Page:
We get a lot of requests from other cities or states (even countries) for information about people who were born in Butte or lived here for a while and then moved on to other places. We also hear a lot of stories about people from Butte taking a trip and running into other people who … More Butte People are Everywhere
The 19th Amendment to the Constitution of the United States provides men and women with equal voting rights. The amendment states that the right of citizens to vote “shall not be denied or abridged by the United States or by any State on account of sex.” In Montana, women had won this right in 1914 and … More Women’s Suffrage
The Leggat Hotel officially opened its doors on January 22, 1914, under the management of Henry E. Meyers, and was said to be nearly fireproof. Diners were welcomed with a cabaret show and music by Brennan’s orchestra. The first dining room services were made to the Drama Club, which gave a luncheon in the main dining … More Opening of the Leggat Hotel
I get a real thrill from opening books and magazines and seeing this: Those of us who work in processing do not always know what the people who work more closely with authors are doing with the things we process. Yesterday I bought a copy of the new book, Political Hell-raiser, the Life and Times … More Thank you, Butte!
We get research requests from close to home in Butte and as far away as Finland, Ireland, and Italy. Many have to do with family history. Local people like to research their homes and others request photographs from our collection. Writers and historians use our facility for academic research, and students draw upon our collections … More Who Was Rick Jones?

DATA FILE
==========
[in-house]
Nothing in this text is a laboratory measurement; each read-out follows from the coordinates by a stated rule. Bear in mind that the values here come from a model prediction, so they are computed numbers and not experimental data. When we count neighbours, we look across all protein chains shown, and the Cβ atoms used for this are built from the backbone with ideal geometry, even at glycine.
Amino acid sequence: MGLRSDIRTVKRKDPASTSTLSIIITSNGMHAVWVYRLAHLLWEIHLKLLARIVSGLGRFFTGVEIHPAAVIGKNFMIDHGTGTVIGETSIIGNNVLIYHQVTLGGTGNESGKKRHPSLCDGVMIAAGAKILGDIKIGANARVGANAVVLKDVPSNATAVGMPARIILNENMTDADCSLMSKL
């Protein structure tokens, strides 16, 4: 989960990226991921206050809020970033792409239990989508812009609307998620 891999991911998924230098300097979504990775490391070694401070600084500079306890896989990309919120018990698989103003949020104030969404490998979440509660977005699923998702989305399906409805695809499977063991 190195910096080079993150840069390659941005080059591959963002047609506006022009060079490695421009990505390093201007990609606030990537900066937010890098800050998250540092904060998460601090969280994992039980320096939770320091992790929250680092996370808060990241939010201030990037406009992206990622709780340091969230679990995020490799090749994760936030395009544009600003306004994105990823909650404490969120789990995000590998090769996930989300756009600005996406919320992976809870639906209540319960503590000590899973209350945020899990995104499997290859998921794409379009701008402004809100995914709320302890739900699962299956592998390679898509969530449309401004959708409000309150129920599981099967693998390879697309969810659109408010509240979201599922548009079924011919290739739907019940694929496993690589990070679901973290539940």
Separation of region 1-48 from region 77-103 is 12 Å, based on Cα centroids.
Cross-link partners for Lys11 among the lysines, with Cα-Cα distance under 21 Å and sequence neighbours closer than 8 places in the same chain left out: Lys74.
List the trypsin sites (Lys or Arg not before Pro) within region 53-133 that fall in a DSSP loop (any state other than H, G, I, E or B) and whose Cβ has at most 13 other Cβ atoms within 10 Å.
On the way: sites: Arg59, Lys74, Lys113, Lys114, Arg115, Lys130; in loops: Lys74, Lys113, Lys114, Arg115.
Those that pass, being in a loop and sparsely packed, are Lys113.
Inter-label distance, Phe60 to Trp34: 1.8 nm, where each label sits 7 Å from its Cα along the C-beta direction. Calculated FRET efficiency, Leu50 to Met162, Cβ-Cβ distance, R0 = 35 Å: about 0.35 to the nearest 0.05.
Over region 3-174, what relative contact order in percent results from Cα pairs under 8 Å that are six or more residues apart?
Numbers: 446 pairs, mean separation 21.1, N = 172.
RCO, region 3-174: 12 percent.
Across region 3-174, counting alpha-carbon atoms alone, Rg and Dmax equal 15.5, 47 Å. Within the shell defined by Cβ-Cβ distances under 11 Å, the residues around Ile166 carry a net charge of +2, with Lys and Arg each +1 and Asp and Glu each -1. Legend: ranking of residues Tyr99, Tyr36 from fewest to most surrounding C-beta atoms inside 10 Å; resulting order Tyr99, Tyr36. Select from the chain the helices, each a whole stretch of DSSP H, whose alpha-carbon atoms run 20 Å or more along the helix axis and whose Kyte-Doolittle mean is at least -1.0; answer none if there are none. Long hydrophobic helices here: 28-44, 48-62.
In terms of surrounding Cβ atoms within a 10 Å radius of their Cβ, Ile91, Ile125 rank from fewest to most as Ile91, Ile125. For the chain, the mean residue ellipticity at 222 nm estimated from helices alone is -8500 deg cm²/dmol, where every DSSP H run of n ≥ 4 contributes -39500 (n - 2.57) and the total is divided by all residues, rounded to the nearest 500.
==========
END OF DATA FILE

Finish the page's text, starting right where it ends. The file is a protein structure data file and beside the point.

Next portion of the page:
Following the end of World War II, with the return of servicemen now looking for work, Butte underwent a shift in population from the Uptown to the Flats. In 1946, the Butte Development Association formed as a spontaneous idea to bring three community interests together – labor, business, and the public – to look at Butte’s … More Butte Housing Day, 1947
Recently, we were touring the Lexington Mine Hoist House when someone looking at a control panel asked, “What is a Lilly?” I was happy to say that I knew exactly what it was thanks to Dorothy McBride, William J. Lilly’s great-niece. They were referring to the Lilly Controller that was still in the hoist house. … More What Is A Lilly?
On November 28, 1918, the Health Board again made an order to close all theaters, pool halls, dance halls, and places of entertainment. The schools were scheduled to open on Monday, December 2, but by law, they would not be allowed to open if it was declared there was an epidemic in Silver Bow County. … More Spanish Influenza Epidemic: The Final Weeks
Week 7 November 17 – November 23, 1918 Sunday, November 17, 1918 – Tuesday, November 19, 1918 It was reported that there were 113 new cases of influenza and 16 deaths from November 16 to 17th. There had been 416 new cases of the flu this week compared to 219 for the previous week. To … More Spanish Influenza Epidemic: Week 7
Week 6 November 10 – November 16, 1918 Sunday, November 10, 1918 – Wednesday, November 13, 1918 Possibly due to the perceived improvement of the influenza condition in Butte, only one meeting was held from November 10 to November 13. On November 11, 1918, the Board of Health held a short meeting. Secretary Freund reported … More Spanish Influenza Epidemic: Week 6